A comprehensive list of the most high-profile investigations launched against former officials and their associates following the 2018 Velvet Revolution.
The Armenian government has initiated a broad set of cases against the oligarchs and Robber Barons of the former regime composed of the upper echelon of the previous-pyramid hierarchy. Nerses Kopalyan looks at a number of high-profile cases.
Anna Barseghyan provides a broad overview of the Armenian government’s move to outlaw public calls for violence and draws parallels with the European experience.
In a Chamber judgment, the ECHR has found Azerbaijan in violation of two articles of the European Convention on Human Rights in the gruesome 2004 murder of Lieutenant Gurgen Margaryan.
The European Green Deal is an ambitious plan to make Europe the first climate-neutral continent by 2050. Anna Barseghyan looks at the challenges and opportunities for green policy in Armenia.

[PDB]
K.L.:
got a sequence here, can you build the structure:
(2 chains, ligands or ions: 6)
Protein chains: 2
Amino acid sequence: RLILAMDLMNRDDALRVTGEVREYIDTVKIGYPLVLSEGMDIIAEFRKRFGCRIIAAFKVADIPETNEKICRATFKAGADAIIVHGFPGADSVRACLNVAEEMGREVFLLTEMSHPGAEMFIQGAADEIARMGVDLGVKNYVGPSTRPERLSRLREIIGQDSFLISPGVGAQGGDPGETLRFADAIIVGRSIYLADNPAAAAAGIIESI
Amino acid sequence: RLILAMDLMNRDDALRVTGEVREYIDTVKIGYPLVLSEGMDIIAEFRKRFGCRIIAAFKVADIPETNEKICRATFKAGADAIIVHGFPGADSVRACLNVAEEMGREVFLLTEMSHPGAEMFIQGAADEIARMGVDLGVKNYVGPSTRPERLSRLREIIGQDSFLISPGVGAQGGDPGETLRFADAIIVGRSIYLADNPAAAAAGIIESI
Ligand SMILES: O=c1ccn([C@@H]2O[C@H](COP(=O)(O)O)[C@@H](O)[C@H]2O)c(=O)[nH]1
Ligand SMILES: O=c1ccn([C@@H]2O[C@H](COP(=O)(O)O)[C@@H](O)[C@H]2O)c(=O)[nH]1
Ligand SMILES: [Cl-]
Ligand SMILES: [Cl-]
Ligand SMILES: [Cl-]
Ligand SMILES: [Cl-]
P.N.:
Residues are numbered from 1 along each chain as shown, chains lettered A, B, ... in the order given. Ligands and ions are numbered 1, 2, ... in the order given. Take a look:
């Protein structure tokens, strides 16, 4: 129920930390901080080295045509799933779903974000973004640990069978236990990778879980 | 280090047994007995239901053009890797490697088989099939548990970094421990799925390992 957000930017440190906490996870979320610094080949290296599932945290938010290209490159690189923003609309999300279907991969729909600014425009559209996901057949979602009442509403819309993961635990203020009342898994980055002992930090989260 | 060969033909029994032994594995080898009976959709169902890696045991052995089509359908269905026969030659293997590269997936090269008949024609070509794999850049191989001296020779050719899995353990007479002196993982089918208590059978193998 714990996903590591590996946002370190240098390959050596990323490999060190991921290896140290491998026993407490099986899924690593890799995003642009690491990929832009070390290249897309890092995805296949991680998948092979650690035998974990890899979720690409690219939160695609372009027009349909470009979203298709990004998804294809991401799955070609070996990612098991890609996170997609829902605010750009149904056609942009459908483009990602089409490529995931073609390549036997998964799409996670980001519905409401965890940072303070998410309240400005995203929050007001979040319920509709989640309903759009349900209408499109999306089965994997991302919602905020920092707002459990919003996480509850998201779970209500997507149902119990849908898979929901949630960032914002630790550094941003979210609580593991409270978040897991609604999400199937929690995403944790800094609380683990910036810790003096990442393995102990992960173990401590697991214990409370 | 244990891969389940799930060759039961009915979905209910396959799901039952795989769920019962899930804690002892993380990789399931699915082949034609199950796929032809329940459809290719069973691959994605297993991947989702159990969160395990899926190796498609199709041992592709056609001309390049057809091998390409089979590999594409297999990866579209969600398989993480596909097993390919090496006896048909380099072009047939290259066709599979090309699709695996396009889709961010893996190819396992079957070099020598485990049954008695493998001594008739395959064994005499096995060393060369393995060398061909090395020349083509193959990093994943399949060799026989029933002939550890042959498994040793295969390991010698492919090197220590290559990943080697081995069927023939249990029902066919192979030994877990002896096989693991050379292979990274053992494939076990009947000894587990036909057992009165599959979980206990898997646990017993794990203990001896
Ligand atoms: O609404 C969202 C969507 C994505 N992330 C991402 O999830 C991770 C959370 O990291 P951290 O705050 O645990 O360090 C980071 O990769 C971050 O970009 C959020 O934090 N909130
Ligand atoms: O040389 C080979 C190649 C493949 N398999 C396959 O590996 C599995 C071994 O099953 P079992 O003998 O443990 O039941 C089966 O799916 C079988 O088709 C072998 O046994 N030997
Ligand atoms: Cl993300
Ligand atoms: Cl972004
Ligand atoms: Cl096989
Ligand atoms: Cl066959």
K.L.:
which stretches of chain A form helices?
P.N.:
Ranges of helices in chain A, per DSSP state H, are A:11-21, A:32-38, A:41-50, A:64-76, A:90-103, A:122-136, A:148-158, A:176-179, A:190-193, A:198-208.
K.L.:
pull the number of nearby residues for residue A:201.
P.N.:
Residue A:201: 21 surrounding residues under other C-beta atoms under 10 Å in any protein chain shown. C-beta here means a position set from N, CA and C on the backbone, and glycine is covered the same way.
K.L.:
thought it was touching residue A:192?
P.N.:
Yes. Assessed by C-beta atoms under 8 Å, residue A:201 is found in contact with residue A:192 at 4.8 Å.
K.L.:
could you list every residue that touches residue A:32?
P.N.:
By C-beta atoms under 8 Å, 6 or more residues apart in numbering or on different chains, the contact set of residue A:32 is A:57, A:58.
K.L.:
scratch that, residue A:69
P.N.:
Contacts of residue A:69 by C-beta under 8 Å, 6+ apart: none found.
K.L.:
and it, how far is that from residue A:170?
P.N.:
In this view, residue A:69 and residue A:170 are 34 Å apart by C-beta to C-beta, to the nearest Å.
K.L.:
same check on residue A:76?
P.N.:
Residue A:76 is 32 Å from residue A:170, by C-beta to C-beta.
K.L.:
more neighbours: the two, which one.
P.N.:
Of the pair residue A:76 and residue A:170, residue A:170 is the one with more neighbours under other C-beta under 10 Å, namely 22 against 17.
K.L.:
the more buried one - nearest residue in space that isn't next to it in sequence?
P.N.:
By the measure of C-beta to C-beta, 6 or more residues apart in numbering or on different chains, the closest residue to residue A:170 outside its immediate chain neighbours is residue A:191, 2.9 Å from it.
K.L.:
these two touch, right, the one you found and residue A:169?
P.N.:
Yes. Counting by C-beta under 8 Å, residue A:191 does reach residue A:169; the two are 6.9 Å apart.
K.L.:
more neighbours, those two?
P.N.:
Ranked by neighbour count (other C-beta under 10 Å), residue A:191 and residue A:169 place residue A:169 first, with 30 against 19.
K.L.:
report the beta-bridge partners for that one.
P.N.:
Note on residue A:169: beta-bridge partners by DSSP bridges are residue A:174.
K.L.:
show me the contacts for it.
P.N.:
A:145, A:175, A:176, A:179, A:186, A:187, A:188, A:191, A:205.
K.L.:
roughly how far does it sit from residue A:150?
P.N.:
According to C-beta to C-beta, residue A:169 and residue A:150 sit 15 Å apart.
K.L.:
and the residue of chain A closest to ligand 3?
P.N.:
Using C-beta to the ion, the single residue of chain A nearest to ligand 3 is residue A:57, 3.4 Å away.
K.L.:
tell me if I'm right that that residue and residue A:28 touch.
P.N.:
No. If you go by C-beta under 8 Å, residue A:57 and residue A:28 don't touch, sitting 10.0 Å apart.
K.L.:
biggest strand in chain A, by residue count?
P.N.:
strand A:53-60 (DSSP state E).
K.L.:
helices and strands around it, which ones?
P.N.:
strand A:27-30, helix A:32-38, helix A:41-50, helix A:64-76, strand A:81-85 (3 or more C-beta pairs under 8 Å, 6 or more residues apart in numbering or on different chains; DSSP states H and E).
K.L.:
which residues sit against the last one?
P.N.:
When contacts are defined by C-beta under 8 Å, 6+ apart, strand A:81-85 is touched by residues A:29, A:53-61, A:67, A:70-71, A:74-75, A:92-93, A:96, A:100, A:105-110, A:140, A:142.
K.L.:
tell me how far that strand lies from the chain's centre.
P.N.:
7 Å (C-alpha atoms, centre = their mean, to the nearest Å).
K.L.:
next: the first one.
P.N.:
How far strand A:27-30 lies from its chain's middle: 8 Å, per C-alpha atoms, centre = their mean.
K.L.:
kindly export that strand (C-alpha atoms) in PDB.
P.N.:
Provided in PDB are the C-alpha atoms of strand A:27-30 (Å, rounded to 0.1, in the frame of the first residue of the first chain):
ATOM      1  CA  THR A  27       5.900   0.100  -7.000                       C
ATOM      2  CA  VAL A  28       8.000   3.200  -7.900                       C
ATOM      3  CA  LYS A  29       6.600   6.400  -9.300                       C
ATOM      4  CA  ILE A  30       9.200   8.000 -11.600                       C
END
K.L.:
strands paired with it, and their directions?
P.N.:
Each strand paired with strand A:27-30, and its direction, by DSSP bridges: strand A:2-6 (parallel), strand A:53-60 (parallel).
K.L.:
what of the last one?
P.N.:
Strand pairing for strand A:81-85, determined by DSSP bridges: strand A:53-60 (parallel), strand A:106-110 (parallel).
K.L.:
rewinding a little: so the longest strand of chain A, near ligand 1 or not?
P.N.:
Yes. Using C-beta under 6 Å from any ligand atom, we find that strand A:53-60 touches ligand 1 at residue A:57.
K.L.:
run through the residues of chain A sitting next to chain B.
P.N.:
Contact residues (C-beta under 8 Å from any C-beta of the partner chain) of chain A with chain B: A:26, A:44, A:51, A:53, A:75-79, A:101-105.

Russian Foreign Affairs Minister Sergey Lavrov’s recent statement regarding a step-by-step approach to resolving the Nagorno Karabakh conflict reflects Russia’s centuries-old imperial instincts of using divide-and-conquer tactics on its periphery.
Anna Barseghyan looks back at Europe’s record on the recognition of the Armenian Genocide and writes that as long as new genocides are happening across the world, the Armenian question remains contemporary.
The EU’s policy toward its neighbors has had several transformations, including a shift from a “one size fits all” approach to a “pick and choose” one. Anna Barseghyan explains.
Exactly two years ago, MPs voted for Serzh Sargsyan to become Prime Minister and stay in office beyond his ten-year limit. That should never be allowed to happen again.
Justin Tomczyk traces the history of the Armenian-Turkish border spanning from Armenia’s incorporation into the USSR to the present day, touching upon the Zurich Protocols and reflecting on the viability of a future normalization process.